However, the beginning point for the variety– 0TWh– recommends there is significant uncertainty compared to other sectors, and even the greatest estimate is just around a 10th of the energy presently used to heat UK houses.
The new method is clear that market will be a “lead choice” for early hydrogen use, beginning in the mid-2020s. It likewise says that it will “likely” be essential for decarbonising transport– especially heavy goods automobiles, shipping and air travel– and stabilizing a more renewables-heavy grid.
Call for evidence on “hydrogen-ready” commercial equipment by the end of 2021. Require evidence on phaseout of carbon-intensive hydrogen production in industry “within a year”. Phase 2 of the ₤ 315m Industrial Energy Transformation Fund.A ₤ 55 million Industrial Fuel Switching 2 competitors in 2021.
It contains strategies for hydrogen heating trials and assessment on “hydrogen-ready” boilers by 2026.
Illustrative hydrogen demand in 2030 (blue) and 2035 (purple). Source: UK hydrogen strategy.
Some applications, such as commercial heating, may be practically difficult without a supply of hydrogen, and many specialists have actually argued that these hold true where it need to be prioritised, at least in the short term.
Juliet Phillips, senior policy consultant and UK hydrogen specialist at thinktank E3G informs Carbon Brief the strategy had “left open” the door for uses that “dont include the most value for the environment or economy”. She includes:.
Government analysis, included in the method, recommends possible hydrogen demand of up to 38 terawatt-hours (TWh) by 2030, not consisting of blending it into the gas grid, and increasing to 55-165TWh by 2035.
The strategy also consists of the alternative of utilizing hydrogen in sectors that may be much better served by electrification, particularly domestic heating, where hydrogen has to contend with electrical heat pumps..
” Stronger signals of intent could guide private and public investments into those areas which include most worth. The federal government has not plainly laid out how to pick which sectors will benefit from the preliminary organized 5GW of production and has instead mainly left this to be determined through trials and pilots.”.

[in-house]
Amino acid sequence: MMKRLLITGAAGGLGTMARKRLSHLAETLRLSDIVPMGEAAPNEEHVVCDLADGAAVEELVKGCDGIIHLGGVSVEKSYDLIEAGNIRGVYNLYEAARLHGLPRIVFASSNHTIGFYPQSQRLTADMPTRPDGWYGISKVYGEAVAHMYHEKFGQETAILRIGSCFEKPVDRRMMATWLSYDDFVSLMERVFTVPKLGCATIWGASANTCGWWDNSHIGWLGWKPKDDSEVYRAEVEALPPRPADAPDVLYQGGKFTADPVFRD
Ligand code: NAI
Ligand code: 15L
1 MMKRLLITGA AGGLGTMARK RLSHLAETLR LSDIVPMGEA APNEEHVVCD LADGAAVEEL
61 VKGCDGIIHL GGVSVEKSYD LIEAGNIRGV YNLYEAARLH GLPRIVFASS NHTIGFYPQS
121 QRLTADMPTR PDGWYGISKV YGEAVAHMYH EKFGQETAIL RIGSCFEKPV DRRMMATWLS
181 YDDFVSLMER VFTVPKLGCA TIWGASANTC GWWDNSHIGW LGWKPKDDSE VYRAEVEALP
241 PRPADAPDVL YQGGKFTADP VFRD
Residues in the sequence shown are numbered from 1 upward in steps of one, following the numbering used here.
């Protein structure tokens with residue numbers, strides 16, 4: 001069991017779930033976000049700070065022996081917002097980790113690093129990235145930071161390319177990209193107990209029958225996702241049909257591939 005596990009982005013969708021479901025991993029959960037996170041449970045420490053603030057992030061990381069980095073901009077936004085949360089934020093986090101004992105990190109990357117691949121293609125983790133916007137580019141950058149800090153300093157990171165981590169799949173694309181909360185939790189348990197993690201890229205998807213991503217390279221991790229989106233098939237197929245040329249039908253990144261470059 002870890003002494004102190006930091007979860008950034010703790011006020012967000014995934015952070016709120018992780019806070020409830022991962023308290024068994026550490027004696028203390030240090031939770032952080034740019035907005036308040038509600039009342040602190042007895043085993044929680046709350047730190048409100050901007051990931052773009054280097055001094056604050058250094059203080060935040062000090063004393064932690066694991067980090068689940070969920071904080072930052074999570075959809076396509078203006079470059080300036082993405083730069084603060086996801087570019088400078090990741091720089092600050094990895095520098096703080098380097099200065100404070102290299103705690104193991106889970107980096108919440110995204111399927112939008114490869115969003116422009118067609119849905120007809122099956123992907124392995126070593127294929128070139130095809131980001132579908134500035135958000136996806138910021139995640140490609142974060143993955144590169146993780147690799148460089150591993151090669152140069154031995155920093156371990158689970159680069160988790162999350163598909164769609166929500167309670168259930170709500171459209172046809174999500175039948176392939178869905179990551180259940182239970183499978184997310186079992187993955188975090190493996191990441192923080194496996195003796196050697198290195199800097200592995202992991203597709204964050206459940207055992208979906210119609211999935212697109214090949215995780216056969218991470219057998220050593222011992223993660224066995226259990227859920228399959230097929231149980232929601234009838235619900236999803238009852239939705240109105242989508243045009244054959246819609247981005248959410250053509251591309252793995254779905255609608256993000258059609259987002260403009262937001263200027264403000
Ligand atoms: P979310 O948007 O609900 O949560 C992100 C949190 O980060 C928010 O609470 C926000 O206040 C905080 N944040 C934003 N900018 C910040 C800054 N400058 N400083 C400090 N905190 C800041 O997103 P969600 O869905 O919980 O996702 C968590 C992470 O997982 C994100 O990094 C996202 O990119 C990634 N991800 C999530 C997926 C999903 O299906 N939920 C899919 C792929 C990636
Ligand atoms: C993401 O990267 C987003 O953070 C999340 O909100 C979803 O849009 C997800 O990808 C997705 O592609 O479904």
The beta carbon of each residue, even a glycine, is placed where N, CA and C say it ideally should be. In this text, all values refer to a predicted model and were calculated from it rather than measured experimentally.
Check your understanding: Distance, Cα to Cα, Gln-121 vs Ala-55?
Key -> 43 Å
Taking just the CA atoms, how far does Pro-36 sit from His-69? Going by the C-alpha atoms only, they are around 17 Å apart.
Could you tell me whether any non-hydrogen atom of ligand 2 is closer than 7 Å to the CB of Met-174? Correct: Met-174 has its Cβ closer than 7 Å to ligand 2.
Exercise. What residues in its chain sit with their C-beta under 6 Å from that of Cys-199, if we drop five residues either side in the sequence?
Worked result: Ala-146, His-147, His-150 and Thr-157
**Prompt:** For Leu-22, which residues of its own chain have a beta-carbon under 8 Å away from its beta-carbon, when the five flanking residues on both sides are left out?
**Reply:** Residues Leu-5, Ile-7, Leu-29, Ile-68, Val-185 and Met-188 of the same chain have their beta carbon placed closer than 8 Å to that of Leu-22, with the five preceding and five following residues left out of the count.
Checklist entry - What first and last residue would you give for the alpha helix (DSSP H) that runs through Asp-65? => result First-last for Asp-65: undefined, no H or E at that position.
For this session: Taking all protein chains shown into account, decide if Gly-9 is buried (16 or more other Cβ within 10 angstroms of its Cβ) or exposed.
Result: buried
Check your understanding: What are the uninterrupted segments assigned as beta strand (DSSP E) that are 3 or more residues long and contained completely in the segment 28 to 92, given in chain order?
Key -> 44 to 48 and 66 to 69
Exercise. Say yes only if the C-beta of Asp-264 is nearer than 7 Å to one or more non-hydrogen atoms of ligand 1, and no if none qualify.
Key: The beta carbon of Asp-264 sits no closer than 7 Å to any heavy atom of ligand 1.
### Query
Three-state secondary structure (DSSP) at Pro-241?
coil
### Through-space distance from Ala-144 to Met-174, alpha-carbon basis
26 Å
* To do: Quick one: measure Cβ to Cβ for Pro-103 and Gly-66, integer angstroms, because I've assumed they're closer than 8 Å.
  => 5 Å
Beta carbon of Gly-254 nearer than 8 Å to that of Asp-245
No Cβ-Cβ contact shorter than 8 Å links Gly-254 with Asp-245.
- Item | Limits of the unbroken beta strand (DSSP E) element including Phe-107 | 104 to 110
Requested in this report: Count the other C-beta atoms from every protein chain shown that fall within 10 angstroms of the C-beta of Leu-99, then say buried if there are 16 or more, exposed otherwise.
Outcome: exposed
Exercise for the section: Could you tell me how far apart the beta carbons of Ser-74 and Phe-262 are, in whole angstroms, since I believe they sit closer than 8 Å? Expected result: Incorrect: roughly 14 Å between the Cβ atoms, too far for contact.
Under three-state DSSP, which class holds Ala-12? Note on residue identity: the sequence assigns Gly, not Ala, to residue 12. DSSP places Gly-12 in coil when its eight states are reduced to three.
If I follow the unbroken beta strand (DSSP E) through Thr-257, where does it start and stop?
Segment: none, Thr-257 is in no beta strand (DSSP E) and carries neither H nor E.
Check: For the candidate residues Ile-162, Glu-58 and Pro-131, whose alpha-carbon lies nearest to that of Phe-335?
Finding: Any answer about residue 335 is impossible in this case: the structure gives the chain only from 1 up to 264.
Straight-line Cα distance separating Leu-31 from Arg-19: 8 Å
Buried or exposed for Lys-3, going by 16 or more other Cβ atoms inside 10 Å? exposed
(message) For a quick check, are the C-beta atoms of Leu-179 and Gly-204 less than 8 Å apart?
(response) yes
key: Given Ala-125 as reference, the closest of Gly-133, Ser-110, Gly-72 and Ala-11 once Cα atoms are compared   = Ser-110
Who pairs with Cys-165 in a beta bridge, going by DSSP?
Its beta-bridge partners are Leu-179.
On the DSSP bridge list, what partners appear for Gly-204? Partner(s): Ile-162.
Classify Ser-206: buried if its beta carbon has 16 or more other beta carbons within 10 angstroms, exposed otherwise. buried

” As the method confesses, there will not be considerable amounts of low-carbon hydrogen for a long time.  we require to use it where there are few alternatives and not as a like-for-like replacement of gas,” Dr Jan Rosenow, director of European programs at the Regulatory Assistance Project, in a declaration.
Protection of the report and government promotional products emphasised that the federal governments strategy would provide adequate hydrogen to change gas in around 3m homes each year.
Dedications made in the brand-new method consist of:.
The government is more positive about using hydrogen in domestic heating. Its analysis recommends that as much as 45TWh of low-carbon hydrogen might be put to this use by 2035, as the chart listed below indicates.
Low-carbon hydrogen can be used to do whatever from fuelling cars and trucks to heating homes, the reality is that it will likely be limited by the volume that can feasibly be produced.
So, my lovelies, I just dropped Version 4 of the Clean Hydrogen Ladder! For anybody new to all this, the ladder is my effort to put use cases for clean hydrogen into some sort of merit order, due to the fact that not all usage cases are equally likely to succeed. 1/10 pic.twitter.com/I8HpqQjlKS— Michael Liebreich (@MLiebreich) August 15, 2021.
One significant exclusion is hydrogen for fuel-cell automobile. This is consistent with the federal governments concentrate on electric cars and trucks, which many scientists deem more economical and effective technology.
The CCC does not see substantial usage of hydrogen beyond these restricted cases by 2035, as the chart below programs.
The committee emphasises that hydrogen usage ought to be restricted to “locations less suited to electrification, especially delivering and parts of industry” and supplying flexibility to the power system.